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Land use is a determinant of plant pathogen alpha- but not beta-diversity.
Mol Ecol 2019ME

Abstract

Little is known about the diversity patterns of plant pathogens and how they change with land use at a broad scale. We employed DNA metabarcoding to describe the diversity and composition of putative plant pathogen communities in three substrates (soil, roots, and leaves) across five major land uses at a national scale. Almost all plant pathogen communities (fungi, oomycetes, and bacteria) showed strong responses to land use and substrate type. Land use category could explain up to 24% of the variance in composition between communities. Alpha-diversity (richness) of plant pathogens was consistently lower in natural forests than in agricultural systems. In planted forests, there was also generally low pathogen alpha-diversity in soil and roots, but alpha-diversity in leaves was high compared with most other land uses. In contrast to alpha-diversity, differences in within-land use beta-diversity of plant pathogens (the predictability of plant pathogen communities within land use) were subtle. Our results show that large-scale patterns and distributions of putative plant pathogens can be determined using metabarcoding, allowing some of the first landscape level insights into these critically important communities.

Authors+Show Affiliations

Agroécologie, AgroSup Dijon, INRA, Université Bourgogne, Université Bourgogne Franche-Comté, Dijon, France. Bio-Protection Research Centre, Lincoln University, Lincoln, New Zealand.Bio-Protection Research Centre, School of Biological Sciences, University of Canterbury, Christchurch, New Zealand.Manaaki Whenua - Landcare Research, Lincoln, New Zealand.Manaaki Whenua - Landcare Research, Lincoln, New Zealand.Manaaki Whenua - Landcare Research, Lincoln, New Zealand.Bio-Protection Research Centre, Lincoln University, Lincoln, New Zealand.

Pub Type(s)

Journal Article

Language

eng

PubMed ID

31314933

Citation

Makiola, Andreas, et al. "Land Use Is a Determinant of Plant Pathogen Alpha- but Not Beta-diversity." Molecular Ecology, 2019.
Makiola A, Dickie IA, Holdaway RJ, et al. Land use is a determinant of plant pathogen alpha- but not beta-diversity. Mol Ecol. 2019.
Makiola, A., Dickie, I. A., Holdaway, R. J., Wood, J. R., Orwin, K. H., & Glare, T. R. (2019). Land use is a determinant of plant pathogen alpha- but not beta-diversity. Molecular Ecology, doi:10.1111/mec.15177.
Makiola A, et al. Land Use Is a Determinant of Plant Pathogen Alpha- but Not Beta-diversity. Mol Ecol. 2019 Jul 17; PubMed PMID: 31314933.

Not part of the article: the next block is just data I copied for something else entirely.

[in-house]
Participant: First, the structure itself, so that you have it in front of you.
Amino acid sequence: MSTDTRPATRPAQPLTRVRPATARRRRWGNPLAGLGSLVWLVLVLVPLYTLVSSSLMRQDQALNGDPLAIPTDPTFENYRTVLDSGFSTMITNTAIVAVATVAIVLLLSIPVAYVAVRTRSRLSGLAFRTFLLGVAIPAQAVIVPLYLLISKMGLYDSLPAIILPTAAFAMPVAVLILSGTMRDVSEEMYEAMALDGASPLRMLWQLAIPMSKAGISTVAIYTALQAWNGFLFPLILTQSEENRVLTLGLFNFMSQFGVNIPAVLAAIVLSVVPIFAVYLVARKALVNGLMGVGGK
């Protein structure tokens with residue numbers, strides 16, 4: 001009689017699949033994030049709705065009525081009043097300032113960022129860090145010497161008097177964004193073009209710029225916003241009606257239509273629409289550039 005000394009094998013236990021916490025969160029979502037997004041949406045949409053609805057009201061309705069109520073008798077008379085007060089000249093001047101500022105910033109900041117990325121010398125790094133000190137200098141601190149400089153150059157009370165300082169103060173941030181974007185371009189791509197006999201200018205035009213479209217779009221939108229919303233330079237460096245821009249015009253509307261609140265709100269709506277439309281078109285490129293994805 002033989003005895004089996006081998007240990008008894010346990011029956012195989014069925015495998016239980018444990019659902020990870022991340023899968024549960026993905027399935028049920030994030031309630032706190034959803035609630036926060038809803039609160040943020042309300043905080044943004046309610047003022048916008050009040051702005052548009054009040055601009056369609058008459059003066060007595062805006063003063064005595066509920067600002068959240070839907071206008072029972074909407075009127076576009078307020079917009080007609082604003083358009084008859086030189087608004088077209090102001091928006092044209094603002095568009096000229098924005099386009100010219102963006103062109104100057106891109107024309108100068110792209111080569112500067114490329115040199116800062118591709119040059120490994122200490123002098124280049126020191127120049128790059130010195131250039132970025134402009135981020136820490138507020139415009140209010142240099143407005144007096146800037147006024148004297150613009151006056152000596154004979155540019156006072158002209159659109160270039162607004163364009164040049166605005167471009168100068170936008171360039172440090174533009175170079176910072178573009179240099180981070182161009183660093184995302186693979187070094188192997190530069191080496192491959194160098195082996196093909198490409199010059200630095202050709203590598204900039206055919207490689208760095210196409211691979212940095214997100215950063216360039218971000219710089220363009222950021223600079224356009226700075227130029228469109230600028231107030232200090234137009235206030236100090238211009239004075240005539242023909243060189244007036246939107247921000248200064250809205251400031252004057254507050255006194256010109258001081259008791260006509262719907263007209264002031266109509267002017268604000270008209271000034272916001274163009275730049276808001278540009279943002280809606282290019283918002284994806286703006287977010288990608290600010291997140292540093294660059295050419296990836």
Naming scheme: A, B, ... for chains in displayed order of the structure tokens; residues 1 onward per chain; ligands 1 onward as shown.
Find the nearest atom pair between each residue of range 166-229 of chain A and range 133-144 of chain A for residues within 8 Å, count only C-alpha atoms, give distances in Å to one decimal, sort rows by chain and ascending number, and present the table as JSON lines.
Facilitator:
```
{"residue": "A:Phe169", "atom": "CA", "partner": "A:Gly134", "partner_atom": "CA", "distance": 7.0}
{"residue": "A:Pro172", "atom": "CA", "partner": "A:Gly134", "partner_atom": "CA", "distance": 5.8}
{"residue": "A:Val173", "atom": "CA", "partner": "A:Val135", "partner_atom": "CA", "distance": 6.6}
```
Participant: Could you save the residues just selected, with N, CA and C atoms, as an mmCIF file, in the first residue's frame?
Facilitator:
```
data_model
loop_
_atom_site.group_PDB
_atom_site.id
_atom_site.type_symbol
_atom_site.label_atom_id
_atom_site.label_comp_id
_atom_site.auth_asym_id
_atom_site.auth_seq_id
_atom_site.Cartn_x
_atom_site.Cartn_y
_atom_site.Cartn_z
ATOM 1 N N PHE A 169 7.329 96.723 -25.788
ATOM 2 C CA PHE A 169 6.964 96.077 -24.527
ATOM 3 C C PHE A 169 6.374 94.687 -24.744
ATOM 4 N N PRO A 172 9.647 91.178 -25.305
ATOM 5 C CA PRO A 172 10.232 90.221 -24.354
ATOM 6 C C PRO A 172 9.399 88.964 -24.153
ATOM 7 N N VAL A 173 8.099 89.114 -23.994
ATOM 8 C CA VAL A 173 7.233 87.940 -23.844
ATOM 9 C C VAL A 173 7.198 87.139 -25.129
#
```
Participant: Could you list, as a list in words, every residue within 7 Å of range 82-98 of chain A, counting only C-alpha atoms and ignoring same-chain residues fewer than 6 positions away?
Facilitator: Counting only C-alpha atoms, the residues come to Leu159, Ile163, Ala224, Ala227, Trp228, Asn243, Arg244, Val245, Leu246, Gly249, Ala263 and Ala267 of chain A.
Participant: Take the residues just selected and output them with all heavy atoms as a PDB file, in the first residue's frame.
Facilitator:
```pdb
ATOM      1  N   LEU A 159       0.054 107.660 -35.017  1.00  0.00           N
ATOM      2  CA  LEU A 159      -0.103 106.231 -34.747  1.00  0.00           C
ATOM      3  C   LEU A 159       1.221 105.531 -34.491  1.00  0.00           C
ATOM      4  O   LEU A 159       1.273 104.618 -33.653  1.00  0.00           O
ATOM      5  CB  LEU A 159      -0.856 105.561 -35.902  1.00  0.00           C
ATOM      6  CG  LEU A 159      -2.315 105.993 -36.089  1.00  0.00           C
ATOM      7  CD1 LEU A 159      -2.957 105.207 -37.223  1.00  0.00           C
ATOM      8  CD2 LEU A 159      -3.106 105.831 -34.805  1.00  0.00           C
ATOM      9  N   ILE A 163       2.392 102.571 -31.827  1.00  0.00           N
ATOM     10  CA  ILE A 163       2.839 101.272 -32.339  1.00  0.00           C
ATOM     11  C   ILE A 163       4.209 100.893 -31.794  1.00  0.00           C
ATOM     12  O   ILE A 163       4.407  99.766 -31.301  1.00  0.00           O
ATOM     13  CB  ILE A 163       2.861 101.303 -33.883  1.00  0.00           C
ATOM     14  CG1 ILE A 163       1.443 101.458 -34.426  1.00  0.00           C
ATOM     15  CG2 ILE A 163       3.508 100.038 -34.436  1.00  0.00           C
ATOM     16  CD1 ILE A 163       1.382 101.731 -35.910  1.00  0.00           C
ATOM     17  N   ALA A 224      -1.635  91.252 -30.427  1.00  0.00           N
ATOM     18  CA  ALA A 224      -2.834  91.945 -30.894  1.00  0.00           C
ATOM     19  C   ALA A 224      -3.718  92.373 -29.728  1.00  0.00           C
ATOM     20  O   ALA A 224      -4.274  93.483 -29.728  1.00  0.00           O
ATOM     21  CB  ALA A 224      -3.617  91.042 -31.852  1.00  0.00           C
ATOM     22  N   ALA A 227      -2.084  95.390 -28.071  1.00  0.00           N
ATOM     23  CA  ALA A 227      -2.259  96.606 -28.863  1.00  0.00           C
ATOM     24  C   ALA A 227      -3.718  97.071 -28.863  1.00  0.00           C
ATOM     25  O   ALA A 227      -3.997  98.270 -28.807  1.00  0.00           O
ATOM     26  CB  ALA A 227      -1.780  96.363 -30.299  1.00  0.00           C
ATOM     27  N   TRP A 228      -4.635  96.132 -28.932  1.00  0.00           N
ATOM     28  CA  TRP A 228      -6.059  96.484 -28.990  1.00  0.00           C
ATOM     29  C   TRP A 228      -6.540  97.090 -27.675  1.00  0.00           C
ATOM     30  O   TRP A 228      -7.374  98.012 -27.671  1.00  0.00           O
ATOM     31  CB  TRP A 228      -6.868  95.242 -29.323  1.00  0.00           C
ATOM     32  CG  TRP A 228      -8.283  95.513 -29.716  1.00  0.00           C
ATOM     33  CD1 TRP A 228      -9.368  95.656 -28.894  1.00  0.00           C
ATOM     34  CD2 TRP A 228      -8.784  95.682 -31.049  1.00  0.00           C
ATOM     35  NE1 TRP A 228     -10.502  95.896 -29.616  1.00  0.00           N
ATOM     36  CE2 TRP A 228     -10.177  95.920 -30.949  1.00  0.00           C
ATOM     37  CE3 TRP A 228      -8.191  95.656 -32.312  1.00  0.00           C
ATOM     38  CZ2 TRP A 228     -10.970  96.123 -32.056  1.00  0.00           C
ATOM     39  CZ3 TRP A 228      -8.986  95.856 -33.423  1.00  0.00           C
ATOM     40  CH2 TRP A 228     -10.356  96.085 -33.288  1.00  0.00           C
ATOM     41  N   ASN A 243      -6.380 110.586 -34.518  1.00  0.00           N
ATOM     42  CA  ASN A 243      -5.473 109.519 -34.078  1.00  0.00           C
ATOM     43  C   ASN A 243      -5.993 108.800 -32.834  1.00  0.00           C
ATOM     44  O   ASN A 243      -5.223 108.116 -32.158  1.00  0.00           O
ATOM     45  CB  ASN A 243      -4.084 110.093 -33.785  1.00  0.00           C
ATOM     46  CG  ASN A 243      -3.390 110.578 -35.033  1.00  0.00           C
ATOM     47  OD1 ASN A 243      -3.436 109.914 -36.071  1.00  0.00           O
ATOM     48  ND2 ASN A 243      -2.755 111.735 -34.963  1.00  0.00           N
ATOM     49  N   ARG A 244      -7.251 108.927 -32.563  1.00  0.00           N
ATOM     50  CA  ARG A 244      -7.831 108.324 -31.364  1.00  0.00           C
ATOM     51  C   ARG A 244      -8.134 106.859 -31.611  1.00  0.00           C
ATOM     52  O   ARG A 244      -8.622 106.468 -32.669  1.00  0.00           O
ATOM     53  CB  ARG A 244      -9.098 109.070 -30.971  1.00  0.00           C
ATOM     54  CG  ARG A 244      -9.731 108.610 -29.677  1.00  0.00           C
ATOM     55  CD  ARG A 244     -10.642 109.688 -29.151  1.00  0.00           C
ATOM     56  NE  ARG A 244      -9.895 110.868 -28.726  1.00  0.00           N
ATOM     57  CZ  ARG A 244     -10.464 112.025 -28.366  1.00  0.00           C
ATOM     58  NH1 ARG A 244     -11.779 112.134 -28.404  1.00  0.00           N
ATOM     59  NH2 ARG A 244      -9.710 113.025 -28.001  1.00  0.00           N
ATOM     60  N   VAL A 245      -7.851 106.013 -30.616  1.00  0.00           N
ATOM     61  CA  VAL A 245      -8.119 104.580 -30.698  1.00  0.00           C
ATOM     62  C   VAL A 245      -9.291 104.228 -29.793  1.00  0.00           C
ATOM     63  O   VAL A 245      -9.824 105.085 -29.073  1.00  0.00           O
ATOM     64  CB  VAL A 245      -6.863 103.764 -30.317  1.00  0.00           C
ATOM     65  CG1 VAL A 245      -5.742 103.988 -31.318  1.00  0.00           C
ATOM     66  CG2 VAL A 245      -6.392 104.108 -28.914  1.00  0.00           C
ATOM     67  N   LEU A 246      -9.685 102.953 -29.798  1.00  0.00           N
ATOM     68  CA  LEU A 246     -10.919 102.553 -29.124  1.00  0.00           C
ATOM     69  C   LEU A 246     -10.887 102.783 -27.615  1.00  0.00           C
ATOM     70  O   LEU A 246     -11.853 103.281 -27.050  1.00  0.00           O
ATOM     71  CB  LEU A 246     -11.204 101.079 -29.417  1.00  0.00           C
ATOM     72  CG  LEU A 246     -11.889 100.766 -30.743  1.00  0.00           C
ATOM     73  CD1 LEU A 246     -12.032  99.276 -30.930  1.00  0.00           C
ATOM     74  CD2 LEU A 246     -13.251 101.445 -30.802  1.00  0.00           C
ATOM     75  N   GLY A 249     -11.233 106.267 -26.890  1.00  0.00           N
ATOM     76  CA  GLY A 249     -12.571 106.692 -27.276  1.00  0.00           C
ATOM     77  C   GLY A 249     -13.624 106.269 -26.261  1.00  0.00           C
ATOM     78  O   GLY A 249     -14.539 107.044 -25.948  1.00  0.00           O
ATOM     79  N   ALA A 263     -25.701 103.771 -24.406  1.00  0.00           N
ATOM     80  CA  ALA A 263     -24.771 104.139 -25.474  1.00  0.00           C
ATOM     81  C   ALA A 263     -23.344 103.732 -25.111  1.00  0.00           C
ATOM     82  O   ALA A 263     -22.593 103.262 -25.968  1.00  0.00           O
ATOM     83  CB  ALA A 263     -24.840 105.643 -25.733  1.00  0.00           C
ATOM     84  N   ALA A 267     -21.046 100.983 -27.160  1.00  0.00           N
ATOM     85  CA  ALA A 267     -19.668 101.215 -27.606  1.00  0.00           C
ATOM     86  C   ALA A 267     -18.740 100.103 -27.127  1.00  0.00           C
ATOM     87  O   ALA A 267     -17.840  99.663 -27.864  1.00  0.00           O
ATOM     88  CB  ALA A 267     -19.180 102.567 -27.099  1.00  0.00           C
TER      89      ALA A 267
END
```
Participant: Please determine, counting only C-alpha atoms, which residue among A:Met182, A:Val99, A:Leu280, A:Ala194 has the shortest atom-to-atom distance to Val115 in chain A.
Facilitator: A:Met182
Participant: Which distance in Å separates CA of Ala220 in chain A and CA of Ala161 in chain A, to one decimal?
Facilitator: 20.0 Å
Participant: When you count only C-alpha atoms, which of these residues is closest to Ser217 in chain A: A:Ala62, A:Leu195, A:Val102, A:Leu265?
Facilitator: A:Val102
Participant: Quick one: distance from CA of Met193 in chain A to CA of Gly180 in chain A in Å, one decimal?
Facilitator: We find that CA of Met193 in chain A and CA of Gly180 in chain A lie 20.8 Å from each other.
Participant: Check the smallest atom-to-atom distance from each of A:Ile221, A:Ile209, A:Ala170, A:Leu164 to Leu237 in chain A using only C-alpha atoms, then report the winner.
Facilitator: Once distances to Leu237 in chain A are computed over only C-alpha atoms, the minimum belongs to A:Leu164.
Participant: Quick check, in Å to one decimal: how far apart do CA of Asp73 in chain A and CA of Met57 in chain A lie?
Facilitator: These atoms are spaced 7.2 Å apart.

* Article titles in AMA citation format should be in sentence-case
TY - JOUR T1 - Land use is a determinant of plant pathogen alpha- but not beta-diversity. AU - Makiola,Andreas, AU - Dickie,Ian A, AU - Holdaway,Robert J, AU - Wood,Jamie R, AU - Orwin,Kate H, AU - Glare,Travis R, Y1 - 2019/07/17/ PY - 2018/11/21/received PY - 2019/06/20/revised PY - 2019/06/26/accepted PY - 2019/7/18/pubmed PY - 2019/7/18/medline PY - 2019/7/18/entrez KW - environmental DNA KW - high-throughput sequencing KW - illumina KW - metabarcoding KW - plant pathogen communities JF - Molecular ecology JO - Mol. Ecol. N2 - Little is known about the diversity patterns of plant pathogens and how they change with land use at a broad scale. We employed DNA metabarcoding to describe the diversity and composition of putative plant pathogen communities in three substrates (soil, roots, and leaves) across five major land uses at a national scale. Almost all plant pathogen communities (fungi, oomycetes, and bacteria) showed strong responses to land use and substrate type. Land use category could explain up to 24% of the variance in composition between communities. Alpha-diversity (richness) of plant pathogens was consistently lower in natural forests than in agricultural systems. In planted forests, there was also generally low pathogen alpha-diversity in soil and roots, but alpha-diversity in leaves was high compared with most other land uses. In contrast to alpha-diversity, differences in within-land use beta-diversity of plant pathogens (the predictability of plant pathogen communities within land use) were subtle. Our results show that large-scale patterns and distributions of putative plant pathogens can be determined using metabarcoding, allowing some of the first landscape level insights into these critically important communities. SN - 1365-294X UR - https://www.unboundmedicine.com/medline/citation/31314933/Land_use_is_a_determinant_of_plant_pathogen_alpha-_but_not_beta-diversity L2 - https://doi.org/10.1111/mec.15177 DB - PRIME DP - Unbound Medicine ER -